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Review: “Inside Out” on Blu-Ray is a future animator’s dream

in Disney, Entertainment, Movies, Pixar, Reviews

Inside Out 1

For most Pixar films, the Blu-Ray and DVD extras give the audience great insight into the film making process at the famed animation studio. Where “Inside Out” truly stands out, is in some of the more personal and heartfelt features that they put on this film. While I wrote an article a few weeks ago about why Pete Docter should get nominated for Best Director, the features here shift the attention away from Docter, and instead to the incredible team behind the movie.

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First, the Blu-Ray of the film comes with two shorts: “Lava” and “Riley’s First Date?” Anyone who saw the film in theaters has already seen the Lava short, an excellent mix of musical storytelling and incredible animation. The short has already garnered praise, and will likely continue Pixar’s streak of receiving a Best Animated Short nomination at the Oscars.

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“Riley’s First Date?” was an incredibly enjoyable visit to the world of the Inside Out after the events of the film. The emotions in Riley’s parents head are as enjoyable as they were the first time, and take a much larger role in the story this time around. While we still see our favorite emotions, the humor here between Mom and Dad are enjoyable and really hit. Just like the Toy Story shorts, this felt like a worthy return to the characters.

Like one would expect, the audio and visual transfer from the big screen to your living room is flawless. One of the more impressive things about watching the movie from home is the incredible detail put into ambient noises that became a big part of the final film. The various sounds range from memories clanking into each other, whisking away, or even the pressing of buttons all sound important and maintain the quality of the film.

Inside Out Sound

Speaking of sound, one of my favorite featurettes on the Blu-Ray was “Into the Unknown: The Sound of Inside Out.” The featurette introduces us to the incredible arts of sound editing and sound mixing. The team discusses how they choose to create sounds, often layering several sounds to create highly unique noises. One that I thought was incredibly well done was the way in which they created memories versus core memories. It was a subtle difference, but definitely contributes to the film. Even if you don’t have the Blu-Ray, you can watch this featurette here.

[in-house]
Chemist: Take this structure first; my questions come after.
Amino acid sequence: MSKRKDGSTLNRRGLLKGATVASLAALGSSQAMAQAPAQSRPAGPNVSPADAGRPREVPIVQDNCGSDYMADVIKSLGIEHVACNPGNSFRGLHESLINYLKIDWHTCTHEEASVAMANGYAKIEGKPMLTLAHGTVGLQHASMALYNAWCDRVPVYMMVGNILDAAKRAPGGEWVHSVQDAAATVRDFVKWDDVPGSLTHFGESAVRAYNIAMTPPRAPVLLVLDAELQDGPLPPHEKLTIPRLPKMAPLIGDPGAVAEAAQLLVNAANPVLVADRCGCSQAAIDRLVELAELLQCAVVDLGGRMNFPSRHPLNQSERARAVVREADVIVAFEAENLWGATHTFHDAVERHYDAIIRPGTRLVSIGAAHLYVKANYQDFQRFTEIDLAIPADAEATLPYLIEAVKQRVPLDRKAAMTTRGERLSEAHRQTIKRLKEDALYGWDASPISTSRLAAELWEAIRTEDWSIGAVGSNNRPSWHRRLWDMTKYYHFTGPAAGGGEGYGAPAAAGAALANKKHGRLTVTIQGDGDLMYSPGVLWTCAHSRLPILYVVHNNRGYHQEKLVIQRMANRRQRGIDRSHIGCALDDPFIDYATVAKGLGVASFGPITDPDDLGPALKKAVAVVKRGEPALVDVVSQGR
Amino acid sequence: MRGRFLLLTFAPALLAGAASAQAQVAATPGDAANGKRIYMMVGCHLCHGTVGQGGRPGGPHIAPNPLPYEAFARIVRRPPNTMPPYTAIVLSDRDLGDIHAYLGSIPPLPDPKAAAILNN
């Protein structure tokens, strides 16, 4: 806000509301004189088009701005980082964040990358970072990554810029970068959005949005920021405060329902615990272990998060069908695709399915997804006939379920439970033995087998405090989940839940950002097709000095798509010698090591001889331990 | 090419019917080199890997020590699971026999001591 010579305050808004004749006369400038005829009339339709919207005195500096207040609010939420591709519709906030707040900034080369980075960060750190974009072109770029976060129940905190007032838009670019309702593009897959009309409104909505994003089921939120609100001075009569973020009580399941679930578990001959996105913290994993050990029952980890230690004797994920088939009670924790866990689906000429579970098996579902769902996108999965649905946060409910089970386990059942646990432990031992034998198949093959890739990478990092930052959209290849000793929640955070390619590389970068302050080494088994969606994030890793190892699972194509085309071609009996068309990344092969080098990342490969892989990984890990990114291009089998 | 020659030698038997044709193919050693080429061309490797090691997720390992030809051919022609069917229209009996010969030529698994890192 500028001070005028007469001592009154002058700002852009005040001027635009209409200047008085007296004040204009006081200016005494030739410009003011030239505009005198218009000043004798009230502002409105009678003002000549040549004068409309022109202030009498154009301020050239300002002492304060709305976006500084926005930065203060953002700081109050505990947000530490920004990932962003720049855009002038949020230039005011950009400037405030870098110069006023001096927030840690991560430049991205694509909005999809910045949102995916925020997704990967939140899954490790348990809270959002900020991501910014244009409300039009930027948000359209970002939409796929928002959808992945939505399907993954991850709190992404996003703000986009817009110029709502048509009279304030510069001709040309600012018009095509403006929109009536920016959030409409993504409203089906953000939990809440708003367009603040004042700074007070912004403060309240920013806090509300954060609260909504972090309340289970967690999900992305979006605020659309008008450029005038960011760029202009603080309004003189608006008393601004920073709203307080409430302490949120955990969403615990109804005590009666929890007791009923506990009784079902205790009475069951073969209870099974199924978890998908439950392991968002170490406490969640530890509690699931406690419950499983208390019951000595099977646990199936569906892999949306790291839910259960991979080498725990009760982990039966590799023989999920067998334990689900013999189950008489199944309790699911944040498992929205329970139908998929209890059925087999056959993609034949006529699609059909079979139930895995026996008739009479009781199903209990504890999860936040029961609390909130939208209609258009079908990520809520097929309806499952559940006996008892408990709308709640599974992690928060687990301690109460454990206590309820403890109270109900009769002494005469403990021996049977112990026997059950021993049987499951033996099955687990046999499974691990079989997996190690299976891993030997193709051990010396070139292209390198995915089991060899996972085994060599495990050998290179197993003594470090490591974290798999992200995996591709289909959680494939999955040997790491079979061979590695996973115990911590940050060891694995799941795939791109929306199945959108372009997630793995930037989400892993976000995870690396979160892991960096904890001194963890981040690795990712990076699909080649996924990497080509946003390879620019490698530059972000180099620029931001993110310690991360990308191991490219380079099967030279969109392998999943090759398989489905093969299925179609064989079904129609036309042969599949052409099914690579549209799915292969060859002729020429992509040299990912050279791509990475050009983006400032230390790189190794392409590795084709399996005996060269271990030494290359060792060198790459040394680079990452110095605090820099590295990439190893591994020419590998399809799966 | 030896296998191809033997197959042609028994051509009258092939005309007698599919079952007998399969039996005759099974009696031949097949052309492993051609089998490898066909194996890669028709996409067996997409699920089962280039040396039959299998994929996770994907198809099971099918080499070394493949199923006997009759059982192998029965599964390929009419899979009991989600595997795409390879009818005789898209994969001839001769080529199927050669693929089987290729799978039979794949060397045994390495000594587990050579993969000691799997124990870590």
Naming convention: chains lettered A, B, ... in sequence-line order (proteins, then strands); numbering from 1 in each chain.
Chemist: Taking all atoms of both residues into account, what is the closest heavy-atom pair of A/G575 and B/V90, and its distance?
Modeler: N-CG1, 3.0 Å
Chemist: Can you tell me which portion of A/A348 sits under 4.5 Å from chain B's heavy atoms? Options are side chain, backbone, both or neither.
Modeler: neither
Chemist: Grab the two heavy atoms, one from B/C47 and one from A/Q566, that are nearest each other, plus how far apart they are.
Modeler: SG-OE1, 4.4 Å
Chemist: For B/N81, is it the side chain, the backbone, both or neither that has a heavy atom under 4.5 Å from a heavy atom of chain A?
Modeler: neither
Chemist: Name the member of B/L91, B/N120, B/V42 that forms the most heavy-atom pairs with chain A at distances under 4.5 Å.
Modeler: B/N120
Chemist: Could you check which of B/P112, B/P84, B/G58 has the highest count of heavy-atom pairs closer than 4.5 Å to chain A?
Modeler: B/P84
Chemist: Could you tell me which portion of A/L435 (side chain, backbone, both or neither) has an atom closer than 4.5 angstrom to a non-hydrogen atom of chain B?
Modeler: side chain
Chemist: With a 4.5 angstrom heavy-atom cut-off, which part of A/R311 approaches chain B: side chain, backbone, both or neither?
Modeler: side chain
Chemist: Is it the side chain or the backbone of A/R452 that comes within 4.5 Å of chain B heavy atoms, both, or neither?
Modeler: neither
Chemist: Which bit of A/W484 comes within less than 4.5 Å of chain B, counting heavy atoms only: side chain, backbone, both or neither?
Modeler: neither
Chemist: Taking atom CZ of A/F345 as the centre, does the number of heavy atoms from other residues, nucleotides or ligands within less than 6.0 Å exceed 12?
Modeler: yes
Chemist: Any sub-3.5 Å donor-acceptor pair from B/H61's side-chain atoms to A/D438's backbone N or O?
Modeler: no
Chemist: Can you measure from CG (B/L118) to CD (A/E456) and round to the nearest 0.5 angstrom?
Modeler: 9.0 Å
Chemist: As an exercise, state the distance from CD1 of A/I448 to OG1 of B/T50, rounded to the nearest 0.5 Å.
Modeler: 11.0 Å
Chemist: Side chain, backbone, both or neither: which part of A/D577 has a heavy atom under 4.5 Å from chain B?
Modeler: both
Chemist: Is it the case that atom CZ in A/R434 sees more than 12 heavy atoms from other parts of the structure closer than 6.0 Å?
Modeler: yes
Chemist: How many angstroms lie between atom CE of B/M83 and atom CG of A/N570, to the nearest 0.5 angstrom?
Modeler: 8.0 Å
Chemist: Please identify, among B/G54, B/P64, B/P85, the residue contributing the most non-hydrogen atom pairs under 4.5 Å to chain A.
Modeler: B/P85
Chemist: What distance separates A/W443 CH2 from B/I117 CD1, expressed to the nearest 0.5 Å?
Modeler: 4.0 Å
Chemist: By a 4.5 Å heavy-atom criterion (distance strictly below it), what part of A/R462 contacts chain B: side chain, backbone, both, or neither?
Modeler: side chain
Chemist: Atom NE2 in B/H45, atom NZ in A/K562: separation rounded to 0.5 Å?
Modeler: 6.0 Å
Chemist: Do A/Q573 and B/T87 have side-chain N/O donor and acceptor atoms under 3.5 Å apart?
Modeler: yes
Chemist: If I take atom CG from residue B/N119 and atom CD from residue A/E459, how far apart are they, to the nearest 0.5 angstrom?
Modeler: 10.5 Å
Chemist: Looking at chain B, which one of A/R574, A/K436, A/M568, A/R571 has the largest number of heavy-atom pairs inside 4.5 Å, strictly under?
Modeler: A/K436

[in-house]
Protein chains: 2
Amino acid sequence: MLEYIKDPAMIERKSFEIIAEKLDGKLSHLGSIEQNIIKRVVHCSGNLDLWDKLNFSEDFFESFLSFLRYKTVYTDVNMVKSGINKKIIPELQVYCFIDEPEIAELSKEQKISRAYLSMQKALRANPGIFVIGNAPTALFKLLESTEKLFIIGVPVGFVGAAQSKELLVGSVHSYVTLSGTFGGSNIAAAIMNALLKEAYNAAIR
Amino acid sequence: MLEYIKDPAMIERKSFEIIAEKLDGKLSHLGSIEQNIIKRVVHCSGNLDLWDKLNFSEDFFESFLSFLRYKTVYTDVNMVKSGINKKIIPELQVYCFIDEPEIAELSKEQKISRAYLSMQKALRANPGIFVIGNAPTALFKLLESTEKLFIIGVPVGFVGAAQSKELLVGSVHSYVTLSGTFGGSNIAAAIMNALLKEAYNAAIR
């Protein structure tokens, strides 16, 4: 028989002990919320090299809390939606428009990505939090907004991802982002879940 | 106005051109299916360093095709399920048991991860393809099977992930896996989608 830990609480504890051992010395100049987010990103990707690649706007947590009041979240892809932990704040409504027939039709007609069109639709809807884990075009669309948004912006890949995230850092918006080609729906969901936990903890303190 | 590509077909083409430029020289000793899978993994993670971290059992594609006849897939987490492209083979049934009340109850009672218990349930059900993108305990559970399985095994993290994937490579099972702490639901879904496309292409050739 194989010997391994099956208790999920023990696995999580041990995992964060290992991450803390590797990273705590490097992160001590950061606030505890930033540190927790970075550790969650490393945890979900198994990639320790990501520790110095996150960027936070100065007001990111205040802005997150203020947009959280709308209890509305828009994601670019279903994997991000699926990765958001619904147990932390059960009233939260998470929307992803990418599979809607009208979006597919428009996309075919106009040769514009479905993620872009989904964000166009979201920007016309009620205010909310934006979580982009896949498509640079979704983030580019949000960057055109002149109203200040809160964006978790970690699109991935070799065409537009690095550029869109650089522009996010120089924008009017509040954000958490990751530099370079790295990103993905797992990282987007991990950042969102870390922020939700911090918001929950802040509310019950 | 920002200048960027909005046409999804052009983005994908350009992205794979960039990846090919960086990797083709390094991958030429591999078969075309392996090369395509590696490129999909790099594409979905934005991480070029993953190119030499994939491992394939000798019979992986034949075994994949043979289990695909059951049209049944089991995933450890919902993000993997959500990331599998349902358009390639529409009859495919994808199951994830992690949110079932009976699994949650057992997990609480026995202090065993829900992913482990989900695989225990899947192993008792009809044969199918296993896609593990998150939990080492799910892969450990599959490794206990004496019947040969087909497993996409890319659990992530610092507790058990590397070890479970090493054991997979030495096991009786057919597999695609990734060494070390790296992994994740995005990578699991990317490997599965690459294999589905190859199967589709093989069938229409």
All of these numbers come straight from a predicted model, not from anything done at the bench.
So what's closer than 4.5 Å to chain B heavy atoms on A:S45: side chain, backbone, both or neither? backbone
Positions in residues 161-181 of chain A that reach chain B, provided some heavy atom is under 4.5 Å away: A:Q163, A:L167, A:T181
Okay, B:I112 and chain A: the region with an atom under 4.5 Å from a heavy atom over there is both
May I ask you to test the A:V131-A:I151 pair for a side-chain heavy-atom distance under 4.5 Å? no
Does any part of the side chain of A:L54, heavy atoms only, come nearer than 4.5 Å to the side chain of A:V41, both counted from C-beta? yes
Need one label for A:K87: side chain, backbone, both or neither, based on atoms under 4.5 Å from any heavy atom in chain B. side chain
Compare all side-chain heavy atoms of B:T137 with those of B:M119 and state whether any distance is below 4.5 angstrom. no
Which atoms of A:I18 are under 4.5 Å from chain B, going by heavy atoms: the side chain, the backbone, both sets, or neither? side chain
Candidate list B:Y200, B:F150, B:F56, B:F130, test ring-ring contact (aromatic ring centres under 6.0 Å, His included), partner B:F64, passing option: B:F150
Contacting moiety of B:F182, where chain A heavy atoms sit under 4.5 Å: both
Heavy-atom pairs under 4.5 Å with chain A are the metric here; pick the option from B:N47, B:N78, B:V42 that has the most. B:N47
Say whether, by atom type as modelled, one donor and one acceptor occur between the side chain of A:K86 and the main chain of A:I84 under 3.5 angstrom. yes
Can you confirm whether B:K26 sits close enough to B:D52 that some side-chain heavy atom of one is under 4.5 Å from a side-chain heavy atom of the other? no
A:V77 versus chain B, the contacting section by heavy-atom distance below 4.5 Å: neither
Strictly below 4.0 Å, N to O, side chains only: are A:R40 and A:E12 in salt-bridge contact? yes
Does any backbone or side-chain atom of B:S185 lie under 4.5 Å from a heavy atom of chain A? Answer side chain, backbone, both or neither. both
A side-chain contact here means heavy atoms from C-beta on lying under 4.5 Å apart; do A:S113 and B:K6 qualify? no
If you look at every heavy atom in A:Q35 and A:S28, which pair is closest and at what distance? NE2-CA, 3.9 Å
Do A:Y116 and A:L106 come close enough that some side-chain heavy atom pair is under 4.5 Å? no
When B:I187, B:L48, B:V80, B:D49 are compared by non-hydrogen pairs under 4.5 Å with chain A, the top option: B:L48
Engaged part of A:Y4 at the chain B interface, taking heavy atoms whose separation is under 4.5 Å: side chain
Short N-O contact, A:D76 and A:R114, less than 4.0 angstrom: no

The “Mapping the Mind” featurette also discusses the difficulties in creating the world of Inside Out. Docter stresses that they didn’t want to put the film in the “brain” per se, but still wanted to incorporate some biology into the designs. It’s really incredible to see the small touches that got to the characters and set design just right. “The Misunderstood Art of Animation Film Editing” also delves into the struggle to create a scene or interaction in animation, and the process that leads to scene cuts or restructuring. An interesting piece to anyone interested in that side of the film.

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The best featurette in my opinion was the “Paths to Pixar: The Women of Inside Out.” The featurette asks various crew members how they got to the positions they are within the company, including interviews with actresses Amy Poehler, Phyllis Smith, and Mindy Kaling. While the actresses were each extremely thankful their opportunity, the spotlight on the animators and producers, such as Kim White and Meg LeFauvre, was even more interesting. Really, if you or any children in your family want to become an animator, this might be the most inspiring featurette to watch. It was enlightening, and really put the crew center stage when they are usually left in the background.